Chairman Mast, Ranking Member Crow, and other members of the subcommittee. Thank you for asking me to testify. I am happy to help the subcommittee with its oversight role however I can. Although I am now a partner in the international trade group at Akin Gump Strauss Hauer & Feld LLP and a non-resident Senior Fellow at Georgetown University’s Center for Security and Emerging Technology, the views I express today are my own. I am not advocating for or against any potential changes to legislation or regulations on behalf of another. My views are influenced by my 30 years of work in the area, which includes my service as the Assistant Secretary of Commerce for Export Administration during both terms of the Obama Administration.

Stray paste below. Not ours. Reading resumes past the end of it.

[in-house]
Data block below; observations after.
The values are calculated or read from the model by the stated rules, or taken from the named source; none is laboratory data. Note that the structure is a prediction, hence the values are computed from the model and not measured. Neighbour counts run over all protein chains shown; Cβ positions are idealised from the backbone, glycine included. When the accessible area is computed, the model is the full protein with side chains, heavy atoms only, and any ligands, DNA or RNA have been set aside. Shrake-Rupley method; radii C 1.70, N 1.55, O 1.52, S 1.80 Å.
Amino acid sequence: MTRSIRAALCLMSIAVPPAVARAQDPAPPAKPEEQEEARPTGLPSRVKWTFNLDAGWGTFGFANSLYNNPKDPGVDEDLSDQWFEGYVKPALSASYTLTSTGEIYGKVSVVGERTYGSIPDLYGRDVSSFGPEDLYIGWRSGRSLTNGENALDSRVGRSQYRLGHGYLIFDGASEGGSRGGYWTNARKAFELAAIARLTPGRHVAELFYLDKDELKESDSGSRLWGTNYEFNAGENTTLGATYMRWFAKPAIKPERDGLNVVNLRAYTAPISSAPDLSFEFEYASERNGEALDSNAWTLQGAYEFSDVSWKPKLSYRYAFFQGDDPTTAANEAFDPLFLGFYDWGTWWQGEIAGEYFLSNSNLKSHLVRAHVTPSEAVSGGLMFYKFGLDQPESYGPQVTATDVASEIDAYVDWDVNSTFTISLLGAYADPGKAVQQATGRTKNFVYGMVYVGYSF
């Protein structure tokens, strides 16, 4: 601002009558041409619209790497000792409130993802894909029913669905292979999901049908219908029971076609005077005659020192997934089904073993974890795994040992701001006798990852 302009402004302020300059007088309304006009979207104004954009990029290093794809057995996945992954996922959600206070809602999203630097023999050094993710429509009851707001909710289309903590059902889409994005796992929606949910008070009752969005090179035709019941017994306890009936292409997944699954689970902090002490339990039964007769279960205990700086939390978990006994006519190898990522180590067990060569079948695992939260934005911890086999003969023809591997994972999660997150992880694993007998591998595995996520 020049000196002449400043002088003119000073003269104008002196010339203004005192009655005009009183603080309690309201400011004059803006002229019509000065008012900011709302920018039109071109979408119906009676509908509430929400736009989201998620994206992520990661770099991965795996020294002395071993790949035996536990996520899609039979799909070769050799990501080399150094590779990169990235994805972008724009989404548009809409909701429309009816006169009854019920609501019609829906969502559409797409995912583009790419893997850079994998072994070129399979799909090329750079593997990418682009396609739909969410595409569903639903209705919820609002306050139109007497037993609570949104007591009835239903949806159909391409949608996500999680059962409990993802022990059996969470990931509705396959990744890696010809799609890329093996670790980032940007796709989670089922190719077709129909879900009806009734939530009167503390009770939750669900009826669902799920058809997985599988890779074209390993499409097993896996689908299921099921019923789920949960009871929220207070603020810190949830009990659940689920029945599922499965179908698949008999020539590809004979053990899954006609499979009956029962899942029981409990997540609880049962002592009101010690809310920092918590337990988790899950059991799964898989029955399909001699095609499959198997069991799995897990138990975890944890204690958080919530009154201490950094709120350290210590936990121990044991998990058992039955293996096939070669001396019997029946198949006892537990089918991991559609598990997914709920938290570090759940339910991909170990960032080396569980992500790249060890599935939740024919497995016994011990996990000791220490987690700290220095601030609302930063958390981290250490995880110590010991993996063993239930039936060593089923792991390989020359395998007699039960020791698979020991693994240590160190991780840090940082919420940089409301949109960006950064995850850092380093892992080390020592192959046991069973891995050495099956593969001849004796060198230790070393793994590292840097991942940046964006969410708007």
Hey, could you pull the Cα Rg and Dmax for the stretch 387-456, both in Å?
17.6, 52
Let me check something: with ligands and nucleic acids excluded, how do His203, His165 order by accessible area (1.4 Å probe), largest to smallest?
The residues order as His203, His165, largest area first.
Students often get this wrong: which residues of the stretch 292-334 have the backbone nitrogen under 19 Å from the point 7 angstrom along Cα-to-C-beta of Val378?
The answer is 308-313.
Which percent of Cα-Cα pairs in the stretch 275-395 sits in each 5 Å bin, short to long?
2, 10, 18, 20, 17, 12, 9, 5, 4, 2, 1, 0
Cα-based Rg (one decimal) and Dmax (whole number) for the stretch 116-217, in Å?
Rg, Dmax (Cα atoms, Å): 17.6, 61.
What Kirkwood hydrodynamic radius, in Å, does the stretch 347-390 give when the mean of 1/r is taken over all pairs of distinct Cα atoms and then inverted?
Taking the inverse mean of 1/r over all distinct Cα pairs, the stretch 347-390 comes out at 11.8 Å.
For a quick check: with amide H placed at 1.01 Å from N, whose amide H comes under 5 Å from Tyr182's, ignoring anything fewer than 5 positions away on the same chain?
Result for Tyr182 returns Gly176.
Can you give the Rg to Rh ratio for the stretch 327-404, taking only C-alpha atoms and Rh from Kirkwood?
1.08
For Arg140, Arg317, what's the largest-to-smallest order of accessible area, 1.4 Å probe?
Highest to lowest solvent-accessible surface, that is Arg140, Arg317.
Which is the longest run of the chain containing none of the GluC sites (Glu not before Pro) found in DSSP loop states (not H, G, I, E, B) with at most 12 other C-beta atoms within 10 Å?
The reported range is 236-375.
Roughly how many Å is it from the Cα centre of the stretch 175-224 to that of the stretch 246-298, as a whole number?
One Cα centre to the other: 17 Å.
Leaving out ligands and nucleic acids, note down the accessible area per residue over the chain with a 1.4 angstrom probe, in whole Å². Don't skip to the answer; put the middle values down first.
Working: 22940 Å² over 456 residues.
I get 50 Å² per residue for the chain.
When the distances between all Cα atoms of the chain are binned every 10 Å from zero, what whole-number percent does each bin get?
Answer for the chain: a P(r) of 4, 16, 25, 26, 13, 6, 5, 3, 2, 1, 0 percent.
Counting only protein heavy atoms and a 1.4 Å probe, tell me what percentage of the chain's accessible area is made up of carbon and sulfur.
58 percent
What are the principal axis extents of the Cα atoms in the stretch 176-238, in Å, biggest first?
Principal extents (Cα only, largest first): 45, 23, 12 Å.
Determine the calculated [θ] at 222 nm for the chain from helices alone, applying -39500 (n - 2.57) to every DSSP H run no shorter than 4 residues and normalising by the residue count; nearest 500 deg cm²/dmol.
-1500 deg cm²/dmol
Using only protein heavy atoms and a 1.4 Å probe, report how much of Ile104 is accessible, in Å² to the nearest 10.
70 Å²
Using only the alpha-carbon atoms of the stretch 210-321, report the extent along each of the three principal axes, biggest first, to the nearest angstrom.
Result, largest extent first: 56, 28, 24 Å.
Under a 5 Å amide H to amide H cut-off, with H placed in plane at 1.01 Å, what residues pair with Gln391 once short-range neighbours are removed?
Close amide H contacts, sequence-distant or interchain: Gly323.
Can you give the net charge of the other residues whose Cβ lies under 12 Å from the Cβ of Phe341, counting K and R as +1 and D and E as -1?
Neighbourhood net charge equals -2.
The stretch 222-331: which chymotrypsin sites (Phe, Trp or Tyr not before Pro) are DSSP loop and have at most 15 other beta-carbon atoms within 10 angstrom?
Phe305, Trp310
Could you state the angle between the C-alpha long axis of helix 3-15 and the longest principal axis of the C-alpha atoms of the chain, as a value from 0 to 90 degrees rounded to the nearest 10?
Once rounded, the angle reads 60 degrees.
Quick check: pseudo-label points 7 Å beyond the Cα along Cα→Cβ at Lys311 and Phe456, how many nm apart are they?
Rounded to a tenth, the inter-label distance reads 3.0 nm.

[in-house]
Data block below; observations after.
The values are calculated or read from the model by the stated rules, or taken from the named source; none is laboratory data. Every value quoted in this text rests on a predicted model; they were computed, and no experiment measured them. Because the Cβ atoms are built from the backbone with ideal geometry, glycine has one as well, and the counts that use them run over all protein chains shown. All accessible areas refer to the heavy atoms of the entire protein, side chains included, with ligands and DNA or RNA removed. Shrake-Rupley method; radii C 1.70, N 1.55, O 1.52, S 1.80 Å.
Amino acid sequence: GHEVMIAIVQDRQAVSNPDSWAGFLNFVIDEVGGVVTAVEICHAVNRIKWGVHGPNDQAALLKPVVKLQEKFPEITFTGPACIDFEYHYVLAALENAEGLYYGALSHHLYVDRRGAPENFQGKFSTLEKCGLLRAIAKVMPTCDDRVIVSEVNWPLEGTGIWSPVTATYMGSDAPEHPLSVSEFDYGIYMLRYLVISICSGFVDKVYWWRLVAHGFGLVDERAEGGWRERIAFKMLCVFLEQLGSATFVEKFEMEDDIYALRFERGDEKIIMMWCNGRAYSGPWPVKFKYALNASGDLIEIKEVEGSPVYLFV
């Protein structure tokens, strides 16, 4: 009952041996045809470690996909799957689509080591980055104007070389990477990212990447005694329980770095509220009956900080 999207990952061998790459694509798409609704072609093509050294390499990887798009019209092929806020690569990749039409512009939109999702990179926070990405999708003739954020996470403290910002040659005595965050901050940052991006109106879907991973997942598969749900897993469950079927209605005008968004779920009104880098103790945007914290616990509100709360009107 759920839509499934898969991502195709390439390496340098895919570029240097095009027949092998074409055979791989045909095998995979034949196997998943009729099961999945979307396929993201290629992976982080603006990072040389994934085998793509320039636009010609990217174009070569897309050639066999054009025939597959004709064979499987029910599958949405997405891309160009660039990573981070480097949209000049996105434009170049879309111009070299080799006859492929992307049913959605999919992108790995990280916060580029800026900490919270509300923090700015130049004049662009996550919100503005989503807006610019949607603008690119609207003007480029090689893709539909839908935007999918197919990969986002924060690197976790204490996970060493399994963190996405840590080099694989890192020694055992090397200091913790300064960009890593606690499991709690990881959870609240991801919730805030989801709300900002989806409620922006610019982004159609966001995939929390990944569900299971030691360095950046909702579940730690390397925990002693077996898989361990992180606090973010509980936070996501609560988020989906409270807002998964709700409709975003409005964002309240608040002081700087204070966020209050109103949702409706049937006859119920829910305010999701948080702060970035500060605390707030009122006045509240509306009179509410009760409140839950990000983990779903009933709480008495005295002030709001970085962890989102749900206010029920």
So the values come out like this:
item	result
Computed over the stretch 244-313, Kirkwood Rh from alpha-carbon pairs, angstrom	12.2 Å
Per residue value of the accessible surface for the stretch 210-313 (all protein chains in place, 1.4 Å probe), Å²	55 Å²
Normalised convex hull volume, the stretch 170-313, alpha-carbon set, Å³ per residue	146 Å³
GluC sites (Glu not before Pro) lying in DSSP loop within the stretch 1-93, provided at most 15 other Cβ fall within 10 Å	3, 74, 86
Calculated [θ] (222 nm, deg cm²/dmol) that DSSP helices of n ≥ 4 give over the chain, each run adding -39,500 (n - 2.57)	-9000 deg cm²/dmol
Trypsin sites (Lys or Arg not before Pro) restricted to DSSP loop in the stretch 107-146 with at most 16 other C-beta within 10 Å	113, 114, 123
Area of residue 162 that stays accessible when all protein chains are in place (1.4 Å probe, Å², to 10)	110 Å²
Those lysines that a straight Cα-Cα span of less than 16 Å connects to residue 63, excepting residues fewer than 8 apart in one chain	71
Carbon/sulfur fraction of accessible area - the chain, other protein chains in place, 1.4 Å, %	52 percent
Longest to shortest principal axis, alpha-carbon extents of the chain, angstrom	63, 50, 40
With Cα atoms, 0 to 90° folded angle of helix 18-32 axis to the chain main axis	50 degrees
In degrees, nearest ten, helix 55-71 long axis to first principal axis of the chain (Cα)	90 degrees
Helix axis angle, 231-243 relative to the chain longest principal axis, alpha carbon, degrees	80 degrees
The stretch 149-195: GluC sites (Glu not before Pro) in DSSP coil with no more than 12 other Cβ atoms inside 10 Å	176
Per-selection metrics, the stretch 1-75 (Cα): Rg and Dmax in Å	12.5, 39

I. Summary of Recent BIS Actions and Their Policy Objectives
To help set the stage for this hearing, I will summarize the major export control actions the Bureau of Industry and Security (BIS), in coordination with the other export control agencies, has taken since the beginning of 2022. On the one hand, the changes are novel in that they focus on responding to strategic national security threats created by specific countries (i.e., China and Russia) as opposed to the more classical country-agnostic multilateral regime-based controls that are largely focused on dual-use items identified as having a more direct relationship to the development, production, or use of weapons of mass destruction or conventional weapons. They also use a combination of novel (and quite complex) end-use, end-user, and extraterritorial controls. That is, even when basic commercial items or foreign-made items not normally subject to export controls are involved, the controls apply to activities by US persons and trade with specific foreign entities of concern.